In 1956, Washington’s Eddie Yost had a .231 batting average and a .412 OBP. He had 119 hits and 151 walks.

In his career, Joey Votto has slashed .300/.399/.500 against left-handed pitchers. He’s faced lefties in 777 games.


A closing thought:

There will still be baseball to watch after today — we have the postseason to look forward to — but the majority of us will have to wait until spring to see our favorite team play again. If you go to bed feeling a little melancholy, it’s understandable.

Here is an excerpt from A. Bartlett Giamatti’s “The Green Fields of the Mind”:

“It breaks your heart. It is designed to break your heart. The game begins in the spring when everything else begins. It blossoms in the summer, filling the afternoons and evenings. And then, as soon as the chill rains come, it stops. It leaves you to face the fall alone.”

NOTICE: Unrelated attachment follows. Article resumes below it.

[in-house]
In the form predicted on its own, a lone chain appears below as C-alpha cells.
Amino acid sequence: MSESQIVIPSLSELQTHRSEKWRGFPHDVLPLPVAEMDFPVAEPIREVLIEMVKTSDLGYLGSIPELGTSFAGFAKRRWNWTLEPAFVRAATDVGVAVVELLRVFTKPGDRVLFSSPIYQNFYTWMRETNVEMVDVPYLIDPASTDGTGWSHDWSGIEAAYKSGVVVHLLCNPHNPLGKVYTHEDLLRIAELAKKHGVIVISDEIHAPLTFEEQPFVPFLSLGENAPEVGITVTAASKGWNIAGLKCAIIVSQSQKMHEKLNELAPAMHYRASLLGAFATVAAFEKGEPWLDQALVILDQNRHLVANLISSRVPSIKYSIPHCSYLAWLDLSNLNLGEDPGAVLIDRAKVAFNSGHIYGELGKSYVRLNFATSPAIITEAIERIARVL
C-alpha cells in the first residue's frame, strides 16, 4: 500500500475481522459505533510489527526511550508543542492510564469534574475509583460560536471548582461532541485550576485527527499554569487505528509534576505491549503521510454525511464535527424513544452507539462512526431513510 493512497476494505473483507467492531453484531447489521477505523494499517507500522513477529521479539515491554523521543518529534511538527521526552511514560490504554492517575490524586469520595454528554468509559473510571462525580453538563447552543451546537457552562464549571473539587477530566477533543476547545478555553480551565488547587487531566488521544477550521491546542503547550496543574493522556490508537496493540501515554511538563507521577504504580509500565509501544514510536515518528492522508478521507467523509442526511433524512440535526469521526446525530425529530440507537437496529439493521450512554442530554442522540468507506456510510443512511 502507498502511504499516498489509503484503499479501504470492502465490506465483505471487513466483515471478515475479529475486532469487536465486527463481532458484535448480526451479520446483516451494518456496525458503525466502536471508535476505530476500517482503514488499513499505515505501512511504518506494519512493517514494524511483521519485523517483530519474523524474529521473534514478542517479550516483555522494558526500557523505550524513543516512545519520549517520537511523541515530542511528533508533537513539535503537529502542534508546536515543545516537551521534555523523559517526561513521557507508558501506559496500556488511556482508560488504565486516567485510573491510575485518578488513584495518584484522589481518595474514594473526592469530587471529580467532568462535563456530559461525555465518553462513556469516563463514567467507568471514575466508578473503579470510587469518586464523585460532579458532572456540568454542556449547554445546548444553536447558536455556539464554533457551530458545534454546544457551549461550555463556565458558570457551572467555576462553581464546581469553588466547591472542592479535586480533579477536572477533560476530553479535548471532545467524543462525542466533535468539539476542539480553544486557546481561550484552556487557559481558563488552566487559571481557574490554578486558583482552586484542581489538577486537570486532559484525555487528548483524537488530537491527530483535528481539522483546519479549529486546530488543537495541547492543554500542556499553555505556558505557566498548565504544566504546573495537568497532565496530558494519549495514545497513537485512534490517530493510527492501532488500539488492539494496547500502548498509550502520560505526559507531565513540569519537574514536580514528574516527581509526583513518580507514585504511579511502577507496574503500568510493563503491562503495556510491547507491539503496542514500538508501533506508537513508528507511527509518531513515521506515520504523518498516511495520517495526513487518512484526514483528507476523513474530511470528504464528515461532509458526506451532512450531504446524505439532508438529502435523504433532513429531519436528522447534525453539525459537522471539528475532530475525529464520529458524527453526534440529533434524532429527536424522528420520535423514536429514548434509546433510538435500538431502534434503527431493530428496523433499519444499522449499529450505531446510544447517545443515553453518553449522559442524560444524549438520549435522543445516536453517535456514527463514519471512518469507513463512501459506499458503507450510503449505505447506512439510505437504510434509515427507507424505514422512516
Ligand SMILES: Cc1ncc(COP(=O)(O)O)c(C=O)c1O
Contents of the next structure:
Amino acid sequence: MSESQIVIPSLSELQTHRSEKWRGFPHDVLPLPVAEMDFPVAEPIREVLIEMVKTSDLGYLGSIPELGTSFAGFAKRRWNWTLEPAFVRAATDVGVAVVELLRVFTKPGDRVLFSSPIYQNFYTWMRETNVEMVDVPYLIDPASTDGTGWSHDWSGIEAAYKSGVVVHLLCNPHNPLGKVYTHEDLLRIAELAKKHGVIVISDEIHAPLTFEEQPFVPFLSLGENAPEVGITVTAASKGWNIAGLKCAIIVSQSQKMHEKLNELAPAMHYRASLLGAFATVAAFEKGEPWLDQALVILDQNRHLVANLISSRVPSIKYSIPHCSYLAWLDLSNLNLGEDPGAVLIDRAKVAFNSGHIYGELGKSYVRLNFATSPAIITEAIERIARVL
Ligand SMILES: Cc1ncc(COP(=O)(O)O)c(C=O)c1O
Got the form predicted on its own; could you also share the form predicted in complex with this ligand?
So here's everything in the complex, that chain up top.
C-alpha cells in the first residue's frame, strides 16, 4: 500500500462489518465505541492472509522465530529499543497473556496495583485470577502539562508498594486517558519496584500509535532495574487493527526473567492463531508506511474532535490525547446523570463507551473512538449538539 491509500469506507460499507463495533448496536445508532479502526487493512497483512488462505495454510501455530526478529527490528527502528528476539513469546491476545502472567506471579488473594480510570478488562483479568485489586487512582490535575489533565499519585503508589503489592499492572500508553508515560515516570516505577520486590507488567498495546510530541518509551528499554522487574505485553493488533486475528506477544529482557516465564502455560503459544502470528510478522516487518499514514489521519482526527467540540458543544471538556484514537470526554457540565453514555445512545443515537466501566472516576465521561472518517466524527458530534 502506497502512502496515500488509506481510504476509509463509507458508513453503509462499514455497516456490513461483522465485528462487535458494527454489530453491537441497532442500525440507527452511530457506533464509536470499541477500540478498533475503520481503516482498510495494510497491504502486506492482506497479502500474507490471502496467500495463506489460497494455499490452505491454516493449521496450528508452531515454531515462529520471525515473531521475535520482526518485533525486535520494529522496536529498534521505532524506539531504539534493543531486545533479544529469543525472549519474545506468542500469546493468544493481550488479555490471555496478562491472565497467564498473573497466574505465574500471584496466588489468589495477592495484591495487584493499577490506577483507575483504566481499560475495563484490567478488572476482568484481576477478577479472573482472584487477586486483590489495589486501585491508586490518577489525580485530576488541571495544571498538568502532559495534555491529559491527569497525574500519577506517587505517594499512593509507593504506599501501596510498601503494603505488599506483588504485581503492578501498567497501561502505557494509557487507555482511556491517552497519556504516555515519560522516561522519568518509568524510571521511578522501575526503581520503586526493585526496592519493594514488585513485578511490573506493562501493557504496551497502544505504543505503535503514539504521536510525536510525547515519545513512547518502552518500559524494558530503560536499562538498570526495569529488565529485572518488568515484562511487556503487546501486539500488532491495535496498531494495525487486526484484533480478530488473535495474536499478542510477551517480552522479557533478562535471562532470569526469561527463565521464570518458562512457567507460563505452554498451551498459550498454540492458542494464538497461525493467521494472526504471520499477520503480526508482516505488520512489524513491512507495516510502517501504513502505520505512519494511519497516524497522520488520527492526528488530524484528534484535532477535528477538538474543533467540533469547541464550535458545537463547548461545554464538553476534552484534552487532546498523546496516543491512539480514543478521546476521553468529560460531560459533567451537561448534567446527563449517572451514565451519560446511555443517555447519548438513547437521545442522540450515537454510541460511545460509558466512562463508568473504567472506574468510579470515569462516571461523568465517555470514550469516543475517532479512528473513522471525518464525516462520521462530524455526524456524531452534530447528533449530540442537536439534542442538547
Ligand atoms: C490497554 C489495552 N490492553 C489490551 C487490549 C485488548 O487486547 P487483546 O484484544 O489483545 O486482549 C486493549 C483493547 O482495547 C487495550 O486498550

David Laurila grew up in Michigan's Upper Peninsula and now writes about baseball from his home in Cambridge, Mass. He authored the Prospectus Q&A series at Baseball Prospectus from December 2006-May 2011 before being claimed off waivers by FanGraphs. He can be followed on Twitter @DavidLaurilaQA.

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6 years ago

FYI — one too many L’s here “Devon Travis didn’t lose any sleep after Thursday night’s Blue Jays loss to the Orioles loss.”

Why the shot on Clevenger and not the crappy M’s front office — C-YA in 2017 Seattle. Enjoy the golf courses!

Fulmer has I’d say less than 1% chance at AL ROY — everyone going to go Sexy Gary Sanchez (no doubter)